Growing up as an energetic chatty young girl, I think I drove my dad crazy. I pestered him with a million questions. With lots and lots of stories. If I heard it once I heard it 1000 times. After taking a long puff of his Swisher Sweet cigar, a cloud of smoke and frustration billowed out together. “Chrissie, hurry up! Get to the point. You talk too much.”
My father didn’t mean to discourage me, but the enemy of my soul did. He had one thing in mind.
To destroy my calling.
I can just imagine his thoughts: Hmmm. A girl who likes to talk. A girl who likes to tell stories. I’d better put a stop to that.
He didn’t know for sure that one day I’d be a writer. But he had his suspicions. If his predictions were correct, one day I’d want to tell stories to more than just my daddy. So he did his best to discourage me. He put a well-thought-out strategy in place to derail any chance that my voice could change the world. To influence my generation. And who better to do that through than someone I loved—my father.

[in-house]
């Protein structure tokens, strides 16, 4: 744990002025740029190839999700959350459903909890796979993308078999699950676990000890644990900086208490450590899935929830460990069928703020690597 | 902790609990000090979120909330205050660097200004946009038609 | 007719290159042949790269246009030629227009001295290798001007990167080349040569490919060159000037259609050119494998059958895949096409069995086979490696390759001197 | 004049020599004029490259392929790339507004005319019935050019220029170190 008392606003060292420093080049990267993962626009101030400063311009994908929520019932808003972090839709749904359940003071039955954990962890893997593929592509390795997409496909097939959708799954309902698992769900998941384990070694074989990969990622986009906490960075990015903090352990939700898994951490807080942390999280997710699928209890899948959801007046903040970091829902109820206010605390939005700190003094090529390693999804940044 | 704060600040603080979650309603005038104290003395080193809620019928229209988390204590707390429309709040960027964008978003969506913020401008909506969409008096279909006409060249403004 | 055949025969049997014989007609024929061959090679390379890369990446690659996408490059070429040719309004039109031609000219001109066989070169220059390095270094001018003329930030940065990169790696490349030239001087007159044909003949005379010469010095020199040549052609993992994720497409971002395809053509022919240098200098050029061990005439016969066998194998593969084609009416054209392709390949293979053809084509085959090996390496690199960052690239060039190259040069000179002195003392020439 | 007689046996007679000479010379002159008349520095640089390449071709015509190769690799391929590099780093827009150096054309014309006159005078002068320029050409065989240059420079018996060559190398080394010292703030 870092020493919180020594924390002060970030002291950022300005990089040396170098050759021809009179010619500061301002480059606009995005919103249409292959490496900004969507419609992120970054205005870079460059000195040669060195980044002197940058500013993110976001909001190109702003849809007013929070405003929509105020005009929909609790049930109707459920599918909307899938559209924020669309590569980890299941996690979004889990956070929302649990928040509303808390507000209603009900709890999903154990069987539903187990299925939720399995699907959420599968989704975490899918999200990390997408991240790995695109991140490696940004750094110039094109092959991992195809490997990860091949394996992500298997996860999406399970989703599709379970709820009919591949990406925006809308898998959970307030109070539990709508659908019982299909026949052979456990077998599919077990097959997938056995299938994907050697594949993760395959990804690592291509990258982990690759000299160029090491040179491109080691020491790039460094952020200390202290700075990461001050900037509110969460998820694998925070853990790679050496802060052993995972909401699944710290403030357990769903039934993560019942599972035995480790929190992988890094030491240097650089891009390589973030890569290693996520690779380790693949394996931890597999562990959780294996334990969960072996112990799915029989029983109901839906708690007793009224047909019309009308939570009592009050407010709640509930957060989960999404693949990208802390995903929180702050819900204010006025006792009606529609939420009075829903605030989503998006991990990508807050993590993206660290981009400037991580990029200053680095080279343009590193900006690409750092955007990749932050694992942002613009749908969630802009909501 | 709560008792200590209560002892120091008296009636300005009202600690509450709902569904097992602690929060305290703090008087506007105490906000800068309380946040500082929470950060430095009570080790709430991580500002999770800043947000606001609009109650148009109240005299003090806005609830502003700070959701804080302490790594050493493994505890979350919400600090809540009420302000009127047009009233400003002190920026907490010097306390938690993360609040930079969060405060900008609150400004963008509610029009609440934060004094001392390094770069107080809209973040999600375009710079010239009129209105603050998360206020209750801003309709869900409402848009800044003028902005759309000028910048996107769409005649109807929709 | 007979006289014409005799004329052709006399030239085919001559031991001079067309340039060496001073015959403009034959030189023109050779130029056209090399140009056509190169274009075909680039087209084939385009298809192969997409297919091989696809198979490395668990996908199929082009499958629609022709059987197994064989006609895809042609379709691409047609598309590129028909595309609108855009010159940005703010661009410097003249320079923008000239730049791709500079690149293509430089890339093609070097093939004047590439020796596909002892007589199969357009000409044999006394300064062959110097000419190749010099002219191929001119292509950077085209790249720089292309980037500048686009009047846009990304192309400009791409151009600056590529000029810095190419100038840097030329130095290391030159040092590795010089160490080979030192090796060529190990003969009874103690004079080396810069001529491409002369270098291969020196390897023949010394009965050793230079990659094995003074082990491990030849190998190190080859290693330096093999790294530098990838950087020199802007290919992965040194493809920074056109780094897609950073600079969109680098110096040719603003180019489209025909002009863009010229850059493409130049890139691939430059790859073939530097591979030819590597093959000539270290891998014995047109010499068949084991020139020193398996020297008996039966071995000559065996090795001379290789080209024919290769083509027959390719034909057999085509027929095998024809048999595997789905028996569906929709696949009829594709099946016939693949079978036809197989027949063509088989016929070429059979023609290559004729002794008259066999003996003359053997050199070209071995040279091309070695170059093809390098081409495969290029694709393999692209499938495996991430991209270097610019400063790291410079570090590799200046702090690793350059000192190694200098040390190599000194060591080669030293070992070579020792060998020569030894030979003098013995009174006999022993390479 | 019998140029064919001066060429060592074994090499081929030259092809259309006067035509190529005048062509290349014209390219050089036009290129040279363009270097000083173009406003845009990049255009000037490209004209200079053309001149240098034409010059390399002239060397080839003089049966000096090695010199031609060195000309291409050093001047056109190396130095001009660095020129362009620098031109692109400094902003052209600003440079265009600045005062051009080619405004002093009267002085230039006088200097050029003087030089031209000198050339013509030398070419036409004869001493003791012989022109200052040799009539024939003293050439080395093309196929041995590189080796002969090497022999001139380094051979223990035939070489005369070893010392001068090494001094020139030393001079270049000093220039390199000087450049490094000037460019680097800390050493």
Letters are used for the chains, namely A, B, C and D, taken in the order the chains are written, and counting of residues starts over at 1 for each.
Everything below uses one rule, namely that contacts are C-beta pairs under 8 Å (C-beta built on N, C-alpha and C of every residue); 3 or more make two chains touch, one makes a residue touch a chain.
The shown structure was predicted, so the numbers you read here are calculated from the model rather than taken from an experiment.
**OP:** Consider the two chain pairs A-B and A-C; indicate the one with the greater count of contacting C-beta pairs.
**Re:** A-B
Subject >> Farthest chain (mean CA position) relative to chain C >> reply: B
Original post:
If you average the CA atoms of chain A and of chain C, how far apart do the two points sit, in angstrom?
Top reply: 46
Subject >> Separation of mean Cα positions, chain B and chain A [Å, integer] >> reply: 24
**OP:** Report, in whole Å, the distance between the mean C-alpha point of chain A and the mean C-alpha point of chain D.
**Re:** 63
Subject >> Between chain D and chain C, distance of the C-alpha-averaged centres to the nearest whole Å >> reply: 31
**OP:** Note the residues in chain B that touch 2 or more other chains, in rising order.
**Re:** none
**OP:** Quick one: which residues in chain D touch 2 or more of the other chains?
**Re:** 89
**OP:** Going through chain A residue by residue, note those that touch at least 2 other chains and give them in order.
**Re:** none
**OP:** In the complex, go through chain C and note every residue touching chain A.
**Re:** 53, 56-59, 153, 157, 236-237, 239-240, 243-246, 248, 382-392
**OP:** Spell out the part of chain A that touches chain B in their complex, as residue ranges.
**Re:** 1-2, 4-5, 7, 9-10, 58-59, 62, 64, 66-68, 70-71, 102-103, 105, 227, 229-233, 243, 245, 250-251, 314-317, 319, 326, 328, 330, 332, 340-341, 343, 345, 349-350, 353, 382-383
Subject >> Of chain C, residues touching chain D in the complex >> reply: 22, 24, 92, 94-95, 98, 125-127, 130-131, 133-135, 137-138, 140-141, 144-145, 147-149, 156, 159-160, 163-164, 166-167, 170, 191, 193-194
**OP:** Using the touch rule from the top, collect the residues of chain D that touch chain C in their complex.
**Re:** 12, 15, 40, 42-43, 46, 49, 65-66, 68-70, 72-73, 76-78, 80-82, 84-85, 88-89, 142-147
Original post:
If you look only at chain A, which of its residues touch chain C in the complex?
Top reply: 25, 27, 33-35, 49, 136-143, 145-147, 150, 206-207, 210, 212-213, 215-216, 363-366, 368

When my dad told me I talked too much, I started to believe him. And by now my withered self-esteem added some flavorful accusations to my father’s impatience. Accusations like:
I have nothing important to say.
I’d better keep my mouth shut.
Nobody wants to hear my opinion, because I’m unworthy and insignificant.
By the time I was in junior high, the energetic chatty girl was quiet. Reserved. Timid. Insecure. For a while at least, it looked like I was defeated. I’d learned to shut up before I ever had a chance to speak up. Before I ever knew what it was like to craft a paragraph or win an audience.
That’s what deception and lies can do. They seek to assassinate us from a very early age. If we become convinced when we’re young that we’re worthless or no good at what we’re most passionate about, we’ll never attempt to pick up a pen. We’ll never attempt to write a book or share our thoughts.
Lies we embrace at an early age become embedded in our thoughts and we accept them as truth.
I’m glad I finally figured it out. God put the desire in my heart to share stories. He thinks I’m qualified. And now, the energetic chatty
young girl is back. Older and wiser. God wants to use my voice. He wants to use me to change my culture.
And He wants to use you, too! He wants you to use you to inspire others. To teach or entertain. To make others laugh.
Writing is a calling worthy of praise. So don’t give in. The only way to conquer your commission is to stop believing the lies.
And then…pick up your weapon—your pen. Don’t let discouragement make you shut up. It’s time to speak up…
Christy Johnson is proof that God allows U-turns. A domestic abuse survivor turned champion of forgiveness, Christy is a sought after soul-health coach, author of Love Junkies, national speaker and founder of Living Soul.